Through Sebastian Conrad’s continuities of rule, islands of power, the struggle for legitimacy, and the use of violence against colonized subjects, it can be understood how colonized subjects reacted to structures of German colonial society in positive, passive, and negative ways.
It appears that there was no set definition for what constituted both German nationalism and Germanness, and this is only made more apparent when analyzing how the loose definitions of both changed over time.
According to David Ciarlo, it was not simply “empire” that the Germans were obsessed with, but the “display of empire in grand, well-crafted, artful stagings.” Like exhibitions in Britain and France, Germany’s 1890s exhibitions portrayed Germany as being a colony-holding world power.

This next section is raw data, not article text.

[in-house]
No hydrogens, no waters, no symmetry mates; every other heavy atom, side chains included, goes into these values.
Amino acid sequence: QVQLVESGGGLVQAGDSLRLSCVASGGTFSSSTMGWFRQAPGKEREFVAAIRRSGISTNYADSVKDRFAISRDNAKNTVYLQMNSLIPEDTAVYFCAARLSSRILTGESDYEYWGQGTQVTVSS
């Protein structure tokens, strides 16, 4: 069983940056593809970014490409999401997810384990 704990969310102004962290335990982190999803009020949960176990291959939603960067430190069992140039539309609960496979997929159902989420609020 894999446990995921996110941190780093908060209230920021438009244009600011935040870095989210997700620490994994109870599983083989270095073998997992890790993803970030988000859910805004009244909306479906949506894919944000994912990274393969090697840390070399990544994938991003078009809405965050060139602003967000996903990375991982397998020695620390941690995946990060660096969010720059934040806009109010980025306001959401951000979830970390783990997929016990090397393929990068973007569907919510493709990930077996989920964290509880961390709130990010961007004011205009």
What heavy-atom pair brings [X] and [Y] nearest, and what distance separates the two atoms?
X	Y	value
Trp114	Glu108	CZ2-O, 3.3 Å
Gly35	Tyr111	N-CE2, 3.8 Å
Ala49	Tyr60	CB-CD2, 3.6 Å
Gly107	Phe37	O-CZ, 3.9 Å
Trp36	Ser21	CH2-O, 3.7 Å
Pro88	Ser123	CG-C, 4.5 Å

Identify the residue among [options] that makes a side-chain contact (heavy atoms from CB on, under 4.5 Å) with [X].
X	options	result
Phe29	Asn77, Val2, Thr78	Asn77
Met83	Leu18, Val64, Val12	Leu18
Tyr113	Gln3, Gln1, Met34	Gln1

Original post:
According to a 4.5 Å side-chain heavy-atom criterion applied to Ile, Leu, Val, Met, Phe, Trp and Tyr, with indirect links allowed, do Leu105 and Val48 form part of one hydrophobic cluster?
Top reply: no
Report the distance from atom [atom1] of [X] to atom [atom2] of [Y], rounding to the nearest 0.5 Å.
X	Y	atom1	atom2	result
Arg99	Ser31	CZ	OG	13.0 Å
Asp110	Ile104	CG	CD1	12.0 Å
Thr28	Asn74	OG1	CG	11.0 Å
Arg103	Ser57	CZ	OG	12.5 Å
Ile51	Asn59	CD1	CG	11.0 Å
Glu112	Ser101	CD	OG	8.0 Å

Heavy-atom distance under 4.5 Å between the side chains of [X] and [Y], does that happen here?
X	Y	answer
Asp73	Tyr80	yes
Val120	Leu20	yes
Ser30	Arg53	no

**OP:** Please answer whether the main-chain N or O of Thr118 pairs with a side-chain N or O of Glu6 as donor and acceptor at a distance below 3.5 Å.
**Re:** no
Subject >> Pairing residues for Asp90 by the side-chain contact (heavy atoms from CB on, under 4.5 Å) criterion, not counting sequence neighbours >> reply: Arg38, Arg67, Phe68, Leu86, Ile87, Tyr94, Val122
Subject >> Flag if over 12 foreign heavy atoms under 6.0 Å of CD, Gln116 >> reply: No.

The German colonial state was largely built upon already established forms of rule in any given colony, but German rule was largely weak. This weakness was due to a “lack of legitimacy and of ideological hegemony,” and therefore Conrad viewed it as “no coincidence that violence and warfare…were inherent in the colonial system.”